The Man in Black has been on quite the media blitz lately, chatting with Charlie Rose and now with New York magazine's Justin Davidson about his process, his inspiration, his shimmering insect and his guillotined tapering tower. Speaking on the latter, Tower Verre, Jean Nouvel echoes other statements made about his proposed mixed-use skyscraper next to MoMA (now 200' shorter and fighting off a legal challenge)?namely, that this is Midtown for cryin' out loud! Or in Nouvel's word's, "What is surprising is that Manhattan should be afraid of verticality." That's right, a Frenchman calling the Big Apple scared. Somebody get Bill O'Reilly on the phone! But Nouvel's defense of Tower Verre is what we were expecting from Davidson's story. Here's what we weren't.
For the first time we can recall (N.B., our memory goes back only 39 seconds), a prominent architecture critic has come forward against Tower Verre. It's octogenarian flame-thrower Ada Louise Huxtable, who told Davidson the apartments/hotel/art gallery contraption is "the wrong building in the wrong place," an "enormous real-estate deal with cultural window dressing" that would exploit zoning rules to sap whatever charm remains on West 53rd Street, which she admits is not much. (To compensate for Huxtable's harsh words, Davidson penned a companion piece begging for Tower Verre to be built.)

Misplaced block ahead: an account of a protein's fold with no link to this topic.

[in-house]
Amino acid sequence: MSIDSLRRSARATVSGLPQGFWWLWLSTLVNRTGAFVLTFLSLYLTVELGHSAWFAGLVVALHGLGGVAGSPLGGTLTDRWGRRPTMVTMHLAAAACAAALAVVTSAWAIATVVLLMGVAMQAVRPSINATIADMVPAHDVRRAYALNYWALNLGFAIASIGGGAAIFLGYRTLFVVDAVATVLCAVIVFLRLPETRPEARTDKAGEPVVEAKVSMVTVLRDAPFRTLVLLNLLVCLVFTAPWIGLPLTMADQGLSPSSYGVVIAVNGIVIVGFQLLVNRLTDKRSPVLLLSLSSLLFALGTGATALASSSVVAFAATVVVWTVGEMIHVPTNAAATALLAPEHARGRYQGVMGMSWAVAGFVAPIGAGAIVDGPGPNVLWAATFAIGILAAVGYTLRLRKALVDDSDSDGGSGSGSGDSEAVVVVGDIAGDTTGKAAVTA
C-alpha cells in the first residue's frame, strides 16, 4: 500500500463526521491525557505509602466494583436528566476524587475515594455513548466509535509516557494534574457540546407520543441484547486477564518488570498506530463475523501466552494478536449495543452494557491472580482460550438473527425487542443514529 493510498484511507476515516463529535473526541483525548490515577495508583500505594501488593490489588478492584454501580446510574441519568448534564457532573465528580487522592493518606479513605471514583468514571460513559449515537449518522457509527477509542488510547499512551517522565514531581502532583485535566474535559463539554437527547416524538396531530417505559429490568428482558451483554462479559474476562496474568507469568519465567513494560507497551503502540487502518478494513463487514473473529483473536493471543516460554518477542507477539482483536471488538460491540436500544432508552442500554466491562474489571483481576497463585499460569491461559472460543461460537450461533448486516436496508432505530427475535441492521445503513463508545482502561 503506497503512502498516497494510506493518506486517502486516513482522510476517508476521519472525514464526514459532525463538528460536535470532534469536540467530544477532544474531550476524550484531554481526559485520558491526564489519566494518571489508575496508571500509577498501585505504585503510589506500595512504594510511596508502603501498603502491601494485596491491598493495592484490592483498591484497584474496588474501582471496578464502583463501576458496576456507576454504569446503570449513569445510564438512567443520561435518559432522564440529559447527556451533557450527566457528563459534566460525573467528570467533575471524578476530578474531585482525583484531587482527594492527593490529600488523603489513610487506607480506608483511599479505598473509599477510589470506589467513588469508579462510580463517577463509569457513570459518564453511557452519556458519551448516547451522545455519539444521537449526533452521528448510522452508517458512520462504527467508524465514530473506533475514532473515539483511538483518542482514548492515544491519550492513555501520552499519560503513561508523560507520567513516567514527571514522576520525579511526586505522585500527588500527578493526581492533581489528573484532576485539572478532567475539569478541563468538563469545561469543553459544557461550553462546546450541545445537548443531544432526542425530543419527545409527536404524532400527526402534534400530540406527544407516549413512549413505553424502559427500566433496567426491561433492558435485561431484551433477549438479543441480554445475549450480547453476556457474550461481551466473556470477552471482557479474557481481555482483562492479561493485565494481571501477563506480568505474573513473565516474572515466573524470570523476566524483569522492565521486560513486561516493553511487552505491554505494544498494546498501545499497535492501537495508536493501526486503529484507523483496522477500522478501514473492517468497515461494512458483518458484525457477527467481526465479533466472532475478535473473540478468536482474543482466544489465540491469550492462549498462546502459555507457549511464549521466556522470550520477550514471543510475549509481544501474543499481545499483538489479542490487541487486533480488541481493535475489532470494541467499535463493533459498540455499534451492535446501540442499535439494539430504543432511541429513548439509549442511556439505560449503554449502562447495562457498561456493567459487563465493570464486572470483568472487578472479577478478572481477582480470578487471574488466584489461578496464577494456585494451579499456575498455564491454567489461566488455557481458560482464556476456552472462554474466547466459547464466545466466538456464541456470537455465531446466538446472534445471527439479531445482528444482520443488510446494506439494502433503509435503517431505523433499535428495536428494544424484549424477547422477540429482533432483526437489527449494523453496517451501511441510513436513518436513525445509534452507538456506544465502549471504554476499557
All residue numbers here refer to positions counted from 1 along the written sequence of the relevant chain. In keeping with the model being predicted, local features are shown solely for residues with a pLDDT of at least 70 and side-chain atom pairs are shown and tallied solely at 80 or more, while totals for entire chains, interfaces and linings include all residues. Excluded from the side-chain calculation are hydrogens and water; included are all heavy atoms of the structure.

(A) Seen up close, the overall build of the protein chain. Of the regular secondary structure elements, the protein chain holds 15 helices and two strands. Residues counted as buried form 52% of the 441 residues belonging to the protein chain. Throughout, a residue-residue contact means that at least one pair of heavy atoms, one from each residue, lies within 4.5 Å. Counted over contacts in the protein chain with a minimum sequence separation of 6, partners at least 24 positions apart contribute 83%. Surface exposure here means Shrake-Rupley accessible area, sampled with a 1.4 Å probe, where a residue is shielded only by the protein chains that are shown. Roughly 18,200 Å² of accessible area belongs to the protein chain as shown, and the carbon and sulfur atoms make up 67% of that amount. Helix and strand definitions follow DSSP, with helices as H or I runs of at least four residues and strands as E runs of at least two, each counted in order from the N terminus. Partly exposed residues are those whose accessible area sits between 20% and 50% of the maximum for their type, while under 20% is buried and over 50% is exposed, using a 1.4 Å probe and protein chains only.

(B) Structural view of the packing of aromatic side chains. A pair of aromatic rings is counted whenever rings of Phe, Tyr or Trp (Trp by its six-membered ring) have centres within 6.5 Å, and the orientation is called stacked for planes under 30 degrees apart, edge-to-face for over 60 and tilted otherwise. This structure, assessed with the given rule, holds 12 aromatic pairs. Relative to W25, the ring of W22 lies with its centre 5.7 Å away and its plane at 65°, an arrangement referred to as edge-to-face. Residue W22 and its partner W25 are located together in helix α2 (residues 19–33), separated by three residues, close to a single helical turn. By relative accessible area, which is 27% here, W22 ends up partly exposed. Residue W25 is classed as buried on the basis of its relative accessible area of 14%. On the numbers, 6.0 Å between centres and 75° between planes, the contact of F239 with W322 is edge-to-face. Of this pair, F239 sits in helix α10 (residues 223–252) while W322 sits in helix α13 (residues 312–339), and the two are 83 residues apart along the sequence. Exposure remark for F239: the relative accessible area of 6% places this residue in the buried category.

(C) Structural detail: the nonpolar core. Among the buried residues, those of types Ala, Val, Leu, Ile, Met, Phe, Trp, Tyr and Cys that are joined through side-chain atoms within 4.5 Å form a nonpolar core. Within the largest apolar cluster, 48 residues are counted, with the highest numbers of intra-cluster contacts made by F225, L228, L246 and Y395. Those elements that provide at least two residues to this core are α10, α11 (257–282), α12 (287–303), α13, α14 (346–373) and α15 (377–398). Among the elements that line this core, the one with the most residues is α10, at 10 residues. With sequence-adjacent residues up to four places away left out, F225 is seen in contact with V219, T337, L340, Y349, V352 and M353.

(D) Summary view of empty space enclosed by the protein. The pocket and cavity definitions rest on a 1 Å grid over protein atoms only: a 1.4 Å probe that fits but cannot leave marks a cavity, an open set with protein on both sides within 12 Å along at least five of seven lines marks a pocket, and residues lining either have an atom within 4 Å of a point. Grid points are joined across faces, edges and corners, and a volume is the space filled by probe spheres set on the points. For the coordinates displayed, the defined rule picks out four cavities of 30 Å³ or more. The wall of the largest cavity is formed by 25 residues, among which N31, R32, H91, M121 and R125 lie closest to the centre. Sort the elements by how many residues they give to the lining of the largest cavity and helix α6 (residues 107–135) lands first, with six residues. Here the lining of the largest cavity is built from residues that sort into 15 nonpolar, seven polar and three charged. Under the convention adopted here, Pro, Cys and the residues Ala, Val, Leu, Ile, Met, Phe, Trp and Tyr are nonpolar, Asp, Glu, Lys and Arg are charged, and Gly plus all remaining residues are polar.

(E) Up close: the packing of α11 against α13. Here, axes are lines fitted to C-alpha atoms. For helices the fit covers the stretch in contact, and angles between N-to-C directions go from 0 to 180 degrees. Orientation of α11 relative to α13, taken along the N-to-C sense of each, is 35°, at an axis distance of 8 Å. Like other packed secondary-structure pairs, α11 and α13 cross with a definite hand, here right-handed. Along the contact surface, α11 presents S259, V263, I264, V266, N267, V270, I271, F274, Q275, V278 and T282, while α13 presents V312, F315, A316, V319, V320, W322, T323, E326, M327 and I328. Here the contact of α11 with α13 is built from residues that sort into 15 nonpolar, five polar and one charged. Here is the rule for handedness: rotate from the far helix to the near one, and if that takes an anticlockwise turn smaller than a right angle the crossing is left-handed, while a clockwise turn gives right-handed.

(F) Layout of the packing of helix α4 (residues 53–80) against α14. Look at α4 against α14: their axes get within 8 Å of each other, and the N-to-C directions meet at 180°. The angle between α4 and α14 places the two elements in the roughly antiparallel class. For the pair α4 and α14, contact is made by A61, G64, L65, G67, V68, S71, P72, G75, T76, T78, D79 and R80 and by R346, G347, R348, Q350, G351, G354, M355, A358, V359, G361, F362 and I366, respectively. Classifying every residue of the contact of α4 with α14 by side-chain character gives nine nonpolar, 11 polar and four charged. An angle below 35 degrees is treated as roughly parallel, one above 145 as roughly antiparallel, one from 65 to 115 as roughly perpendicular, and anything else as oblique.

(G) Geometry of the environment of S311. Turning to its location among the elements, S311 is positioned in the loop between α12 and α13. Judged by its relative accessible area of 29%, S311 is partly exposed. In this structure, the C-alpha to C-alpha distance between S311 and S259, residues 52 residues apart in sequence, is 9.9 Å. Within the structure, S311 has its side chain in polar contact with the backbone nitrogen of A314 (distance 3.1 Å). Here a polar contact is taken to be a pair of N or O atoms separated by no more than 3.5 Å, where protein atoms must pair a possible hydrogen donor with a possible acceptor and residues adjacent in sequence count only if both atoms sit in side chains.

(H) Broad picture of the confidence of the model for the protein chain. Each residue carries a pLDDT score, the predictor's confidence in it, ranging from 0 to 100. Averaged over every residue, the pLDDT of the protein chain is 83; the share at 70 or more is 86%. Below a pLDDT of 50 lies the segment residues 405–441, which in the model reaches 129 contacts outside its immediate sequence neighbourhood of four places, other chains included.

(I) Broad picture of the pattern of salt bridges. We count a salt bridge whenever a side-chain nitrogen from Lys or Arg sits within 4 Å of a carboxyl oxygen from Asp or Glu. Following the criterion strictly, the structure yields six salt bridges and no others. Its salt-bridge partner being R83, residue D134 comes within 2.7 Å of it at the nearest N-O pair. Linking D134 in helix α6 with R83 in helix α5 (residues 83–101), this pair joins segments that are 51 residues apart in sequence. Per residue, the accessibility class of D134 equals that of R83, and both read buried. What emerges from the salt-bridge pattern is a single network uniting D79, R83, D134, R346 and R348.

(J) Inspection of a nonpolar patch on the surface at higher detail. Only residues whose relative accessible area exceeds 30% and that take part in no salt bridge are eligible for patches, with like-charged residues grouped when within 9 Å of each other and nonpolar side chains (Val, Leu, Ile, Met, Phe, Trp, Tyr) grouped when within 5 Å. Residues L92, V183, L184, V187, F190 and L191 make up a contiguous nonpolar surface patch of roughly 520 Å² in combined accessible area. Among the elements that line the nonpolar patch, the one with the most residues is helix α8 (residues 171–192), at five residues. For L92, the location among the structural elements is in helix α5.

But we're most intrigued by Nouvel's comments about 100 Eleventh Avenue, his nearly complete Vision Machine in West Chelsea. Is the building and its 1,700 angled windows the luxury real estate market's version of Pong and dial-up modems? Yes. But that's a good thing! Davidson writes about the Nouvel Rules:
Second, a new monument shouldn’t aspire to timelessness, but speak with vivid specificity of an instant in a city’s life. You can grasp what this means at 100 Eleventh, which is already a poignant relic, containing within it a memory of the era that made it possible, the heat of the present, and the specter of a glorious obsolescence. Standing outside the building, Nouvel shouts over the traffic and imagines the impression his creation might make on future drivers. As they speed by, fleetingly dazzled by a reflection from the façade’s mosaic of windows, he suggests, they will glance up through the windshield and think of 2010. The building will date itself, Nouvel agrees, and that is the finest gift an architect can bequeath to posterity: "It will show what moved us in that period, which is to say ? now."And here we thought the only thing dated about the building was the method used for executing unruly staff! But keeping with the theme of looking at the building and thinking about the past, maybe condo buyers can suggest paying, say, 1990 prices?
· Colossus [NYM]
· The Point of the Skyline [NYM]